From 2011 to 2015, the Delhi Daredevils were the perpetual wooden-spooners of the Indian Premier League. The outfit seemed engulfed in endless problems of sorts, and the daredevilry exhibited by the team in 2009 and 2012 was completely lost.
New captains, new players, new staff and new team management, the habitual under-achievers altered themselves each year to break-free from the shackles of predicament.
In 2016, the outfit’s think-tank, which comprised of Dravid, coach Paddy Upton and newly appointed captain Zaheer Khan, went awfully wrong with their decisions. They kept making too many changes to the side, and trying new combinations in the batting order even after winning a game. They underused valuable players (remember how talents like Carlos Brathwaite and Sam Billings were benched?) The horses for courses route backfired on Delhi.
New Season, Old Story
It would be only wise of anybody to think that the errors from 2016 would not be repeated in 2017, especially after the team’s awry management came under the scanner last year.
Already this season the Daredevils have lost 3 of their 5 games on the back of mistakes repeated from the ninth edition. If retrospection is to be done, the game against Sunrisers Hyderabad was marred by poor decision-making by the management.
However, it would be unfair to make Dravid the scapegoat for poor decision-making. It is unknown if it is the coach, the captain, or mentor who has the final say. But it can be argued that Dravid knows the Indian youngsters better than Upton, and since he is the greatest of all time, one expects him to make wiser decisions. If at all someone else is making the blunders, the mentor can always counter.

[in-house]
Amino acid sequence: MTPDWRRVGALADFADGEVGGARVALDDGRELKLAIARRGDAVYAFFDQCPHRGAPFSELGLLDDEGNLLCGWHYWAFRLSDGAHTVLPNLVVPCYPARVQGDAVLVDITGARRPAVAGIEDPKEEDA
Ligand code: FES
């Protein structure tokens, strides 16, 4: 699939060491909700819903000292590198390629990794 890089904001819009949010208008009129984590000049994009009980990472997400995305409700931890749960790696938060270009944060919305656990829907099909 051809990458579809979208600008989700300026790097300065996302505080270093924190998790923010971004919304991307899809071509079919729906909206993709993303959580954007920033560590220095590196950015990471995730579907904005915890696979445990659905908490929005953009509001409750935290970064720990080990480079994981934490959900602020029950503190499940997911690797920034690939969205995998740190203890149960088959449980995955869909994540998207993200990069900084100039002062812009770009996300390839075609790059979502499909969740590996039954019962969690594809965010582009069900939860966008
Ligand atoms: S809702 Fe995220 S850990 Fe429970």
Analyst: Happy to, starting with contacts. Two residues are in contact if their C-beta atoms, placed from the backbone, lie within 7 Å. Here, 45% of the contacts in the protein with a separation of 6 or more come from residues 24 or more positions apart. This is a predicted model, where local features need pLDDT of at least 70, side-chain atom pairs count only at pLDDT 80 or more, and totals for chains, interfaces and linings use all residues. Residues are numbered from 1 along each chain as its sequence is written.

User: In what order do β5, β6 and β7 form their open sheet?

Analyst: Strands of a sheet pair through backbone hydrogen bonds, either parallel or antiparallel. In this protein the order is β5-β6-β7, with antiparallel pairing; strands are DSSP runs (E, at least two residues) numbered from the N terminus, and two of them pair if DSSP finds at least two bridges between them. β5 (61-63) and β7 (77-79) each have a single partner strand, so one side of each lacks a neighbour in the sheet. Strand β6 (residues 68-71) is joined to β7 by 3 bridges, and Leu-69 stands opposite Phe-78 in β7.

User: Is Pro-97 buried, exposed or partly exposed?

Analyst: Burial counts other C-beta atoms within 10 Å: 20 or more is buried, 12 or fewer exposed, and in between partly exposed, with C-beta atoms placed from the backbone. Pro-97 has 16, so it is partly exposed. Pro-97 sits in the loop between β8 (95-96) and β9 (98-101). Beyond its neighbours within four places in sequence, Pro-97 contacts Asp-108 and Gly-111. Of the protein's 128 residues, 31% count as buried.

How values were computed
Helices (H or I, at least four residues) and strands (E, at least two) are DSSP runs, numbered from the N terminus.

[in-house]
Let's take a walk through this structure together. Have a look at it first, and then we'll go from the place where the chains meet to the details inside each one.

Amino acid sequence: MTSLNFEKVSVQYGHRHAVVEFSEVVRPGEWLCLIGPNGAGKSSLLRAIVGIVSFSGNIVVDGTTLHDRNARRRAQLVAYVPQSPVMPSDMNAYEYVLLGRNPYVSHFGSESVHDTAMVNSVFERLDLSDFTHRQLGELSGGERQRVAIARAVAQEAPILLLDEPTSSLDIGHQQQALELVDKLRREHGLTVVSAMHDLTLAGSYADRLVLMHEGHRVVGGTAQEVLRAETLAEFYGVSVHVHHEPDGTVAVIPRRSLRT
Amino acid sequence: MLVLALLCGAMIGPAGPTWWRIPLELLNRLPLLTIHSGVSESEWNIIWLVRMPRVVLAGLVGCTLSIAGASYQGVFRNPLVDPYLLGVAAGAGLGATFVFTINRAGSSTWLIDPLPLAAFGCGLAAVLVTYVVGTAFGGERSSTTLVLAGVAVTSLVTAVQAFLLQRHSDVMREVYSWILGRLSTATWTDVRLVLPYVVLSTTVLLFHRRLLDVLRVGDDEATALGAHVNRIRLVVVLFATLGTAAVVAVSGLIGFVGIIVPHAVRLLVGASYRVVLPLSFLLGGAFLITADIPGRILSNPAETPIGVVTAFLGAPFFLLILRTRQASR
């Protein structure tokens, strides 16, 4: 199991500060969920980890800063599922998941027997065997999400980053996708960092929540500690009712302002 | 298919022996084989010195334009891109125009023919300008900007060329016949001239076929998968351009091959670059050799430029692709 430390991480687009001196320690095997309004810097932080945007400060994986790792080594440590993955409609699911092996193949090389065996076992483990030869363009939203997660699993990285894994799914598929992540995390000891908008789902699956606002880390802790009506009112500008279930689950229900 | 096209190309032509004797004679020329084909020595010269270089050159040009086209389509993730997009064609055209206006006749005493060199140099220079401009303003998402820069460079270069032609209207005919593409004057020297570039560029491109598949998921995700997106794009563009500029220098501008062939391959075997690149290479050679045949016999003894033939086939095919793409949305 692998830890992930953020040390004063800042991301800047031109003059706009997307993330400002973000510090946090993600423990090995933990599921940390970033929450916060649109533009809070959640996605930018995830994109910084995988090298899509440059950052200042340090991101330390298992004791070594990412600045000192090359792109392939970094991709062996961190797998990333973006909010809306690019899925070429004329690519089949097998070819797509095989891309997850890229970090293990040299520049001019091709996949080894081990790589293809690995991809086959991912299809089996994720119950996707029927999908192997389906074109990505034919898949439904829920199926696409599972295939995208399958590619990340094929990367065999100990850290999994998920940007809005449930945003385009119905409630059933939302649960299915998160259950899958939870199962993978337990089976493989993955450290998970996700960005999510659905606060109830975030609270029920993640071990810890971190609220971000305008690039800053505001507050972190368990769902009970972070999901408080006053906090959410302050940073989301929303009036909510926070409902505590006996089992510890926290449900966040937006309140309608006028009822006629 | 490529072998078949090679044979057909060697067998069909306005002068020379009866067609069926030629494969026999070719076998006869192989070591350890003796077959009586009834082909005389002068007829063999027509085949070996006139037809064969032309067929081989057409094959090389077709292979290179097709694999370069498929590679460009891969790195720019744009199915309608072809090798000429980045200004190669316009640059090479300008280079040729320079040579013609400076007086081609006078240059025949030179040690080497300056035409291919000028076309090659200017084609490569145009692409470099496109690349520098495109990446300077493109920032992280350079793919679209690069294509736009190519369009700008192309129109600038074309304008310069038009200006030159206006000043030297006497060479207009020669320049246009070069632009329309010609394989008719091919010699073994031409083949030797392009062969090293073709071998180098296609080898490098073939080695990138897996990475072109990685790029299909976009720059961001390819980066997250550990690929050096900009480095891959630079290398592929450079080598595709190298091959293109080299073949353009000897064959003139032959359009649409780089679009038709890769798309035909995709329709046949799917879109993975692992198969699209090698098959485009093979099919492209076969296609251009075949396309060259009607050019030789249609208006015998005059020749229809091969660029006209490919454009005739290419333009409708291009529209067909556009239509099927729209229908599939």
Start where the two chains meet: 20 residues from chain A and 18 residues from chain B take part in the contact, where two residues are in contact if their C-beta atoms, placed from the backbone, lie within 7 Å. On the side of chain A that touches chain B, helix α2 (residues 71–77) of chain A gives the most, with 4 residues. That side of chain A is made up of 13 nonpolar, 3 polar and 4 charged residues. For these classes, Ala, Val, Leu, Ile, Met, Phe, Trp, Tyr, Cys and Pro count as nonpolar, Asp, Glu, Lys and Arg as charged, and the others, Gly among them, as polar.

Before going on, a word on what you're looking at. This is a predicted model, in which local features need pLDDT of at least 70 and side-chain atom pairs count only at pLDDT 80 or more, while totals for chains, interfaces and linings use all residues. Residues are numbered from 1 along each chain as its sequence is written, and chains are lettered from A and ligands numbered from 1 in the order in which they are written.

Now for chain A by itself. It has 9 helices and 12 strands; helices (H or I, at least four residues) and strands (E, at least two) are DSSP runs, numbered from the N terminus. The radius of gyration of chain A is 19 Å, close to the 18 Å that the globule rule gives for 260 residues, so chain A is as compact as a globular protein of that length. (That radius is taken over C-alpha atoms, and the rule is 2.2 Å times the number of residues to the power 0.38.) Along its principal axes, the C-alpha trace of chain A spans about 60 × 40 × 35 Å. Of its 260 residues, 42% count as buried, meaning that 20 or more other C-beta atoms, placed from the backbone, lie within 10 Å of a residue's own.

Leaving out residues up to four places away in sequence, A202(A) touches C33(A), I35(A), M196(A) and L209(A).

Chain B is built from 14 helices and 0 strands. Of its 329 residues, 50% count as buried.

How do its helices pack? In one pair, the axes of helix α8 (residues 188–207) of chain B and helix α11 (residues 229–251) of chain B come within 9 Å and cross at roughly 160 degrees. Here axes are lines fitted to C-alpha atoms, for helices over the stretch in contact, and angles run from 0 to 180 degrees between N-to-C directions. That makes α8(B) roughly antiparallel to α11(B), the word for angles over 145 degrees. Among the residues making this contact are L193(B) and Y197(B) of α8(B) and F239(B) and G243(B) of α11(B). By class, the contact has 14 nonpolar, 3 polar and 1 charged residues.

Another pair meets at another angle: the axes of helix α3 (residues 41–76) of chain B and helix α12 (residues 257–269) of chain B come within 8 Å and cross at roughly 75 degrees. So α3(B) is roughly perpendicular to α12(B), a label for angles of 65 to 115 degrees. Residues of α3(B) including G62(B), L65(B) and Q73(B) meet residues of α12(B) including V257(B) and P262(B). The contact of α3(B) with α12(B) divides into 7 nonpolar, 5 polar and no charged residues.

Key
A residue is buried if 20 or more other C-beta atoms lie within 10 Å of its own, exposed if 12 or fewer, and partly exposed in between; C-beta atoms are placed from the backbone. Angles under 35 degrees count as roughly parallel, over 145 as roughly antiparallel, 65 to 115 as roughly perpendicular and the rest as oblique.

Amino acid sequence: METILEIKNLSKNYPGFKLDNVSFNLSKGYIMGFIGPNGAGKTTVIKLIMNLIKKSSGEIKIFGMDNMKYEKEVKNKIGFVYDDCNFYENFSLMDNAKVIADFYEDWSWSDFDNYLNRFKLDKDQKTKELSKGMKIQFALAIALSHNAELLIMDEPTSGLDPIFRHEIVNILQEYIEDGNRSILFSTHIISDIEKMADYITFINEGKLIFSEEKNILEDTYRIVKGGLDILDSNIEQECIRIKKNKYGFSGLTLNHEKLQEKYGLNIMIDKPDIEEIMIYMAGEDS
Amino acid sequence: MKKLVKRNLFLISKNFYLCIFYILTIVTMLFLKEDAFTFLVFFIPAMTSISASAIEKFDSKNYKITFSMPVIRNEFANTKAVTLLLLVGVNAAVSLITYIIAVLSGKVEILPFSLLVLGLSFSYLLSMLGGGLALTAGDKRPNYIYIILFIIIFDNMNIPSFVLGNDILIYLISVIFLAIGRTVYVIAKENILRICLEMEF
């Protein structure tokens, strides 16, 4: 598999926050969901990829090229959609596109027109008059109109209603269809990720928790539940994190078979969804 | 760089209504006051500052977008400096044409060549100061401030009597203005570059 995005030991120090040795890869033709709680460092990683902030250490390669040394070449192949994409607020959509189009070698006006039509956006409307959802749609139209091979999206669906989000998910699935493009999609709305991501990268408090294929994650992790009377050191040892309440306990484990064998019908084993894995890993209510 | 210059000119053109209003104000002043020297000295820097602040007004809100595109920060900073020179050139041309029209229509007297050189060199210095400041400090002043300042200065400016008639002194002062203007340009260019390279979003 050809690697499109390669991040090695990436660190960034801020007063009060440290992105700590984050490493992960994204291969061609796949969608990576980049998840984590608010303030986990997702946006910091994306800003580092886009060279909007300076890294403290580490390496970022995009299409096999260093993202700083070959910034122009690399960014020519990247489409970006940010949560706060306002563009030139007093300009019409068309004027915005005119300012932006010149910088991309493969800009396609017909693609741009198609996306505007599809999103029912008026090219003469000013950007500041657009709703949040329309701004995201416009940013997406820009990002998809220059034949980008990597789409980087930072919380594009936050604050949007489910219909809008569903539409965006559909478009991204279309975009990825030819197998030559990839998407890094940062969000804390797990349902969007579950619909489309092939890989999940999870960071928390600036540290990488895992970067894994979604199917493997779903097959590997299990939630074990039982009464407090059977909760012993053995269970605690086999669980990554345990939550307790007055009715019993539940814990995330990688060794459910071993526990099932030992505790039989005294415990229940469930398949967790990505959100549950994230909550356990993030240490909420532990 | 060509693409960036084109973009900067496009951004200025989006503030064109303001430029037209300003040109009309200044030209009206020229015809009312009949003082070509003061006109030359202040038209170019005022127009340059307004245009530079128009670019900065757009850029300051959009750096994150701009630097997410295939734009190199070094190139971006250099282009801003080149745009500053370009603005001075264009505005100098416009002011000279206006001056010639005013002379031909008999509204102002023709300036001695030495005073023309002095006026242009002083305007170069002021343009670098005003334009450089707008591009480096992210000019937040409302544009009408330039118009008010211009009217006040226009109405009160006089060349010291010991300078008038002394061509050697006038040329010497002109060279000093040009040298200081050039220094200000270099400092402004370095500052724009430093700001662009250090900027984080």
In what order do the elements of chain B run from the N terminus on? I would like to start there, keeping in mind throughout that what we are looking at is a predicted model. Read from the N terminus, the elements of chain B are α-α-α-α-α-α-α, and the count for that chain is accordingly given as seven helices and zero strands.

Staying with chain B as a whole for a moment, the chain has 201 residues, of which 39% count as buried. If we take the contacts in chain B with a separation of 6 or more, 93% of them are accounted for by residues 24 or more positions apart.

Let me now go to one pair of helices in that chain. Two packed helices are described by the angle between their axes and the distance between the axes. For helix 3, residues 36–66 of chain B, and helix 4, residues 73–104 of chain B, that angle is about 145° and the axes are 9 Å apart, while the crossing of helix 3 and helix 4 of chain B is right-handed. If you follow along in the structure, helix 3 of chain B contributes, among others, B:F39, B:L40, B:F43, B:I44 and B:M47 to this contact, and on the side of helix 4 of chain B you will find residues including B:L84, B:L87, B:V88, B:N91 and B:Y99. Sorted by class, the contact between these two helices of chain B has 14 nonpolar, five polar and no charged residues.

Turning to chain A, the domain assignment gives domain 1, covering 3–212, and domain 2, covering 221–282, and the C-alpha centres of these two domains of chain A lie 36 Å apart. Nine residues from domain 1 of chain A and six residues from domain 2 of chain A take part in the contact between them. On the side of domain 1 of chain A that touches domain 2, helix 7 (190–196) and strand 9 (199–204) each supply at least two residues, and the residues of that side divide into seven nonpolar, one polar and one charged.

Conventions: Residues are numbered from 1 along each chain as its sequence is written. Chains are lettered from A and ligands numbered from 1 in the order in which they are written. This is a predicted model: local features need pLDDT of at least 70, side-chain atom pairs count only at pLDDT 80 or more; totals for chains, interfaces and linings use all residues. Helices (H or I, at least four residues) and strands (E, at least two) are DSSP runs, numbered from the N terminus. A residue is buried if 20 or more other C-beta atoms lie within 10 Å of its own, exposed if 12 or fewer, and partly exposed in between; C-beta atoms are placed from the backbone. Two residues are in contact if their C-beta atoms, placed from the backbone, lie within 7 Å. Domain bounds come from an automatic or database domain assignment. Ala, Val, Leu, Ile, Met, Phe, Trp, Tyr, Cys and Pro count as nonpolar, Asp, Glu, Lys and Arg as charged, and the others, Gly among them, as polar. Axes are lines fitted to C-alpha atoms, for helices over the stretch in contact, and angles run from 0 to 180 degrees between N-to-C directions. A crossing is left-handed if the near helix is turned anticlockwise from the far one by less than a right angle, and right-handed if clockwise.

Bad Judgement Calls?
1. On Wednesday night, Shreyas Iyer’s late onslaught was not enough to get the better of the 2016 title winners at their fortress. Long story cut short, Delhi lost by 15 runs.
The first error by the Delhi think-tank was keeping Amit Mishra away for the first 9 overs. Delhi seemed content with Warner’s early dismissal, which is why maybe the leggie wasn’t entrusted to bowl in the powerplay.
Mishra , most successful spinner in IPL, could have at least been tried before Kane Williamson settled down, remembering that the Kiwi struggled against spinners in the ODI series late last year, in which Mishra played an instrumental role. But once Williamson settled down, he slapped the leggie for 19 runs in one over.
2. Bizarre move No. 2 was to not play Shreyas Iyer higher up the order. A hard hitter of the ball, Iyer was slotted at the top alongside Quinton de Kock last season. But this time around, Samson and Billings are opening the innings. While the former has not let down, Billings hasn’t played the type of knock expected from an opener. 5th position for an in-form Iyer seems too late for a big score since. Perhaps Billings can be dropped and Iyer can be sent to bat at No. 3.
3. The most shocking of all strategical blunders was to send Chris Morris at No. 6, when the required run rate had gone up to over 10 runs an over. The South African all-rounder, who boasts a strike rate of 177 in the IPL, should have been brought into the attack before Angelo Mathews, who not only wasted many balls to settle down, but also could put pressure on Shreyas Iyer at the other end. The hard-hitting Morris didn’t face a single ball!
4. Another remarkably irrational move was to bench Shahbaz Nadeem against both KKR and Hyderabad, after he boasted an economy of 4.9 in the first three games. And as if Delhi want to dig their own grave, an out of form Karun Nair continues to be included in the playing XI, and bats ahead of an in-form Iyer and Rishabh Pant.
Coming to Rishabh Pant, the 19-year old India international needs to bat higher up the order, open the innings maybe, since he can use the field restrictions to his advantage. Against RCB, batting at No. 5, Pant proved his mettle with a stunning half century. And if he opens along with Samson, the Delhi batting line-up can post quite a threat to the opposition.
To brief it up, poor team selection and poor strategical decisions are marring a team full of cup-winning potential. It is about time Dravid and his extended think-tank take a notice of this. After all, ‘daredevilry’ in decision-making is one thing, but cricketing suicide is another.